Delay discounting and under-valuing of recent information predict poorer adherence to social distancing measures during the COVID-19 pandemic

Alexander Lloyd, Ryan McKay, Todd Hartman, Benjamin T Vincent, Jamie Murphy, Jilly Gibson-Miller, Liat Levita, Kate Bennett, Orla McBride, Anton P. Martinez, Thomas Stocks, Frédérique Vallières, Philip Hyland, Thanos Karatzias, Sarah Butter, Mark Shevlin, Richard P. Bentall, Liam Mason

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The COVID-19 pandemic has brought about unprecedented global changes in individual and collective behaviour. To reduce the spread of the virus, public health bodies have promoted social distancing measures while attempting to mitigate their mental health consequences. The current study aimed to identify cognitive predictors of social distancing adherence and mental health symptoms, using computational models derived from delay discounting (the preference for smaller, immediate rewards over larger, delayed rewards) and patch foraging (the ability to trade-off between exploiting a known resource and exploring an unknown one). In a representative sample of the UK population (N=442), we find that steeper delay discounting predicted poorer adherence to social distancing measures and greater sensitivity to reward magnitude during delay discounting predicted higher levels of anxiety symptoms. Furthermore, under-valuing recently sampled information during foraging independently predicted greater violation of lockdown guidance. Our results suggest that those who show greater discounting of delayed rewards struggle to maintain social distancing. Further, those who adapt faster to new information are better equipped to change their behaviour in response to public health measures. These findings can inform interventions that seek to increase compliance with social distancing measures whilst minimising negative repercussions for mental health.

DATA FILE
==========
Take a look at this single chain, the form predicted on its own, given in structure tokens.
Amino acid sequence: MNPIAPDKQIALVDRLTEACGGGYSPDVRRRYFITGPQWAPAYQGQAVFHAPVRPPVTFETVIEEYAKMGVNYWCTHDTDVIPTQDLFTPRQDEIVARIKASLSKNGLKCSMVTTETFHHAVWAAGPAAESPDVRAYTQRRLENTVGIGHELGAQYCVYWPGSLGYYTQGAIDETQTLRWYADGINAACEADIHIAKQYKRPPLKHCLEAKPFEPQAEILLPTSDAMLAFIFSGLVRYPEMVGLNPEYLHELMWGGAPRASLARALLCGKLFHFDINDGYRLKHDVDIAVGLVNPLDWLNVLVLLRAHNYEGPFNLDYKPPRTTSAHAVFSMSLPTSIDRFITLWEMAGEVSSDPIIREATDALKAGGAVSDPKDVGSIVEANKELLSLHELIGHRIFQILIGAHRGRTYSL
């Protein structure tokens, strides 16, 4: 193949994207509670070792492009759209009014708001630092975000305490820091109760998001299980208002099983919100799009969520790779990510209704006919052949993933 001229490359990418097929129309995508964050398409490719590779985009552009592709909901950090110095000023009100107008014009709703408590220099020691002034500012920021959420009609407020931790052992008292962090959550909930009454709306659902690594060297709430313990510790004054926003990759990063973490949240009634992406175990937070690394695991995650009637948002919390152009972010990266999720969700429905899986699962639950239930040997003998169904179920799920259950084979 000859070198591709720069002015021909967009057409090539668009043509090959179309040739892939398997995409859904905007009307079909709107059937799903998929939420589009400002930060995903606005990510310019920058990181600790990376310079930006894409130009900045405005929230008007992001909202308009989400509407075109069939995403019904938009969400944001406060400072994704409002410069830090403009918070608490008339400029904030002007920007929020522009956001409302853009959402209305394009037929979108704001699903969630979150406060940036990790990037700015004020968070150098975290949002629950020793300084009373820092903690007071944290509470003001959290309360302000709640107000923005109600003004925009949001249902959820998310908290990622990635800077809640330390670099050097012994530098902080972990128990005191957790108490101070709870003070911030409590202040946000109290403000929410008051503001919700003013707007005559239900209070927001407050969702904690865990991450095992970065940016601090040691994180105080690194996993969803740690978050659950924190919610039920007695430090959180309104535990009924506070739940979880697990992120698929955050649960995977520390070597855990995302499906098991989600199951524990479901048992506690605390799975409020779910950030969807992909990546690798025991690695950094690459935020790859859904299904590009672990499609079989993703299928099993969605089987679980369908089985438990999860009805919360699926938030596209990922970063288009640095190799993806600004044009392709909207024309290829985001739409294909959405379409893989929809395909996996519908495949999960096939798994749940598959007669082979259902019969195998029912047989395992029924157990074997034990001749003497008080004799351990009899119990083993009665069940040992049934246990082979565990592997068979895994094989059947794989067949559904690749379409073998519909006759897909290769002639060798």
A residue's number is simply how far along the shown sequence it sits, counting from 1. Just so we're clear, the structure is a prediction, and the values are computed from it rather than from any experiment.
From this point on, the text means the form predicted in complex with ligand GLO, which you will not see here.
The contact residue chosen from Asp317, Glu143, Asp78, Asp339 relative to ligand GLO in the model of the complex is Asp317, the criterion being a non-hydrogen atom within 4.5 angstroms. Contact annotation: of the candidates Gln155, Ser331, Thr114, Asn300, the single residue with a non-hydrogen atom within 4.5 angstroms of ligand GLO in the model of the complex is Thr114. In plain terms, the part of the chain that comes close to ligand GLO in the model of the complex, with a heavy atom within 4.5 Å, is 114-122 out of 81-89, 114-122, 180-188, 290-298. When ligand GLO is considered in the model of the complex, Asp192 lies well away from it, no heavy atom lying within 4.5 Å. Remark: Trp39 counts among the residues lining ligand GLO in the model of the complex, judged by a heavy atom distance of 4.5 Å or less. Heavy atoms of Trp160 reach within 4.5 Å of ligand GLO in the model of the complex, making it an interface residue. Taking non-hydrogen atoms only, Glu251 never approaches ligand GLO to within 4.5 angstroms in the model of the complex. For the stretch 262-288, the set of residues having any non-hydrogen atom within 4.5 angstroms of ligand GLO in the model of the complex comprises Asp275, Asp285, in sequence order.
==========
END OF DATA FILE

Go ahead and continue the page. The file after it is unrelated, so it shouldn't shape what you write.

Original languageEnglish
Article number19237
JournalScientific Reports
Publication statusPublished - 28 Sept 2021

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